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VLSI Design
Volume 2012, Article ID 580584, 16 pages
http://dx.doi.org/10.1155/2012/580584
Research Article

Enabling Fast ASIP Design Space Exploration: An FPGA-Based Runtime Reconfigurable Prototyper

1Department of Electrical and Electronic Engineering, University of Cagliari, 09123 Cagliari, Italy
2Silicon Hive B.V., High Tech Campus, 5656AE Eindhoven, The Netherlands

Received 15 September 2011; Revised 22 December 2011; Accepted 22 December 2011

Academic Editor: Lech Jozwiak

Copyright © 2012 Paolo Meloni et al. This is an open access article distributed under the Creative Commons Attribution License, which permits unrestricted use, distribution, and reproduction in any medium, provided the original work is properly cited.

Abstract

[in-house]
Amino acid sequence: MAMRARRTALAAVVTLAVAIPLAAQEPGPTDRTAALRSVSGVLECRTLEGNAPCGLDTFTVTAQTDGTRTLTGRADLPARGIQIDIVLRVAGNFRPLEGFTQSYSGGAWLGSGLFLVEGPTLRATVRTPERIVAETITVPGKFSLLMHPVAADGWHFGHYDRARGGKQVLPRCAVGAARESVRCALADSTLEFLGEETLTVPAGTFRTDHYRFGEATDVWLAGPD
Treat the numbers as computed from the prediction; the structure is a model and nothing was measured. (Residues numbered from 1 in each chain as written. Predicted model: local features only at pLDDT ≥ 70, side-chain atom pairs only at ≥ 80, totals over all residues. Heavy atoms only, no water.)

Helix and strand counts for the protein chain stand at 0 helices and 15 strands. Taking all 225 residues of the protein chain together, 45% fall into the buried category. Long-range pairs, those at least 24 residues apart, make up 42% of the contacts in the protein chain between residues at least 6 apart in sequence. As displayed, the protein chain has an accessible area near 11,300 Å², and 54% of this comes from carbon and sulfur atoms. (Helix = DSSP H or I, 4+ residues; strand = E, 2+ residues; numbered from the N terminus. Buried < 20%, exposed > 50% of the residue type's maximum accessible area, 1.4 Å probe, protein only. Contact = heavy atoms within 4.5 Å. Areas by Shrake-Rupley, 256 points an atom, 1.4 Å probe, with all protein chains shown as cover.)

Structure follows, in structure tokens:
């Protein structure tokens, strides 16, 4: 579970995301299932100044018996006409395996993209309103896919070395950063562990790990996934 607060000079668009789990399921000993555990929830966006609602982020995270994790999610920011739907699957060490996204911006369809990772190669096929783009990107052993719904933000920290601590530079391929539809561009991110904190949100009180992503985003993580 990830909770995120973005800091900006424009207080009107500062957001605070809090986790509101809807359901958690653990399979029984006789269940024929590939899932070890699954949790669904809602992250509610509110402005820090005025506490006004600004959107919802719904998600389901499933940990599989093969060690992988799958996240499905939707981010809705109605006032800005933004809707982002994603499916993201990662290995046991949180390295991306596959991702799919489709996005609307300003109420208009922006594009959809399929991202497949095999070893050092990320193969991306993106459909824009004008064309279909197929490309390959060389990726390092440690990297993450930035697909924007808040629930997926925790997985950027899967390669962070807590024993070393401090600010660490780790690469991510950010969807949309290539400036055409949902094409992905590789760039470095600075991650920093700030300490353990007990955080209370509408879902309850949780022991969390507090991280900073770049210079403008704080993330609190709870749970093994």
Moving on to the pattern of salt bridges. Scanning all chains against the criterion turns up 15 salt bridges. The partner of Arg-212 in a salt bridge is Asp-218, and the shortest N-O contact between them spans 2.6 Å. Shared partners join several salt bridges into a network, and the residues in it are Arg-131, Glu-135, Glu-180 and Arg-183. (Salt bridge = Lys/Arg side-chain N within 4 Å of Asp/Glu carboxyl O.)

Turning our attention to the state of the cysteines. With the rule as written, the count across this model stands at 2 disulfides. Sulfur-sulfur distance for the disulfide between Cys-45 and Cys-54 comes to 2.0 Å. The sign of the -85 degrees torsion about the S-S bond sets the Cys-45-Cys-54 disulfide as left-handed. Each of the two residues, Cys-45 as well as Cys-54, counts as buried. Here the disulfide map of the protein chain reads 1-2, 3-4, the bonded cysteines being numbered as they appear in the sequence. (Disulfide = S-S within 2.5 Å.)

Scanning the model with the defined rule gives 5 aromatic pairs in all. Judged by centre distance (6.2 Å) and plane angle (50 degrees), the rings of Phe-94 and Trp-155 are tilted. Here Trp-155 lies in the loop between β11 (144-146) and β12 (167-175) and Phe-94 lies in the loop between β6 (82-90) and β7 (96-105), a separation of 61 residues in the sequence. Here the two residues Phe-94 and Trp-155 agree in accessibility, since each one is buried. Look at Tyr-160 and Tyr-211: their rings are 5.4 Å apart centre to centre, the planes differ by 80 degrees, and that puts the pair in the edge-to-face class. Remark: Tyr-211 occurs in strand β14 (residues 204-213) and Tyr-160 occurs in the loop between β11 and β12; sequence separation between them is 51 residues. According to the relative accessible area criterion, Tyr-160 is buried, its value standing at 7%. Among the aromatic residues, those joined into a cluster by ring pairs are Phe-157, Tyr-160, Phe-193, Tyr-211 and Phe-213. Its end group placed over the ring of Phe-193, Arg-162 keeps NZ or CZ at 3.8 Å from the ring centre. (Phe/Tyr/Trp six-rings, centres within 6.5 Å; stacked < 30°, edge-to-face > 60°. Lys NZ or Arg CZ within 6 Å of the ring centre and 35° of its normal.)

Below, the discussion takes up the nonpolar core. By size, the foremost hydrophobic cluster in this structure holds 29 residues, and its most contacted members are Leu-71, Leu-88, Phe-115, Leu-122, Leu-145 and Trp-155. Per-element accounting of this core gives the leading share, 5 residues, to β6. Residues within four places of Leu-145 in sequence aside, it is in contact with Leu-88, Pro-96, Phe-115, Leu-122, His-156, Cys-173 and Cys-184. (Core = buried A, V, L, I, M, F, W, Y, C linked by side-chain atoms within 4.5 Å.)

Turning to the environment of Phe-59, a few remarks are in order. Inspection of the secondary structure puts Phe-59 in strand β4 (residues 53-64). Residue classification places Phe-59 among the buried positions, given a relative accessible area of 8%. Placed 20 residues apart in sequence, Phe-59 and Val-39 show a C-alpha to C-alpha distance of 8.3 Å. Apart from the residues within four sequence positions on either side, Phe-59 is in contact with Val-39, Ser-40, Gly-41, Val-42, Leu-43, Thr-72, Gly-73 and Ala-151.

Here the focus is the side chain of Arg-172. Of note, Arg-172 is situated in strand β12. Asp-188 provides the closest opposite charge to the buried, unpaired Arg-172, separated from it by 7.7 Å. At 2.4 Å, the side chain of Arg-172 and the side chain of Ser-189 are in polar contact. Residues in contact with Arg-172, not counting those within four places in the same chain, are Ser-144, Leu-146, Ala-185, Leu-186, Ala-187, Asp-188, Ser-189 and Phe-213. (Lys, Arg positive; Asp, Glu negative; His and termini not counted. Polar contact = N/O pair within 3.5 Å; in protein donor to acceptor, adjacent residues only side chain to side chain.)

Application Specific Instruction-set Processors (ASIPs) expose to the designer a large number of degrees of freedom. Accurate and rapid simulation tools are needed to explore the design space. To this aim, FPGA-based emulators have recently been proposed as an alternative to pure software cycle-accurate simulator. However, the advantages of on-hardware emulation are reduced by the overhead of the RTL synthesis process that needs to be run for each configuration to be emulated. The work presented in this paper aims at mitigating this overhead, exploiting a form of software-driven platform runtime reconfiguration. We present a complete emulation toolchain that, given a set of candidate ASIP configurations, identifies and builds an overdimensioned architecture capable of being reconfigured via software at runtime, emulating all the design space points under evaluation. The approach has been validated against two different case studies, a filtering kernel and an M-JPEG encoding kernel. Moreover, the presented emulation toolchain couples FPGA emulation with activity-based physical modeling to extract area and power/energy consumption figures. We show how the adoption of the presented toolchain reduces significantly the design space exploration time, while introducing an overhead lower than 10% for the FPGA resources and lower than 0.5% in terms of operating frequency.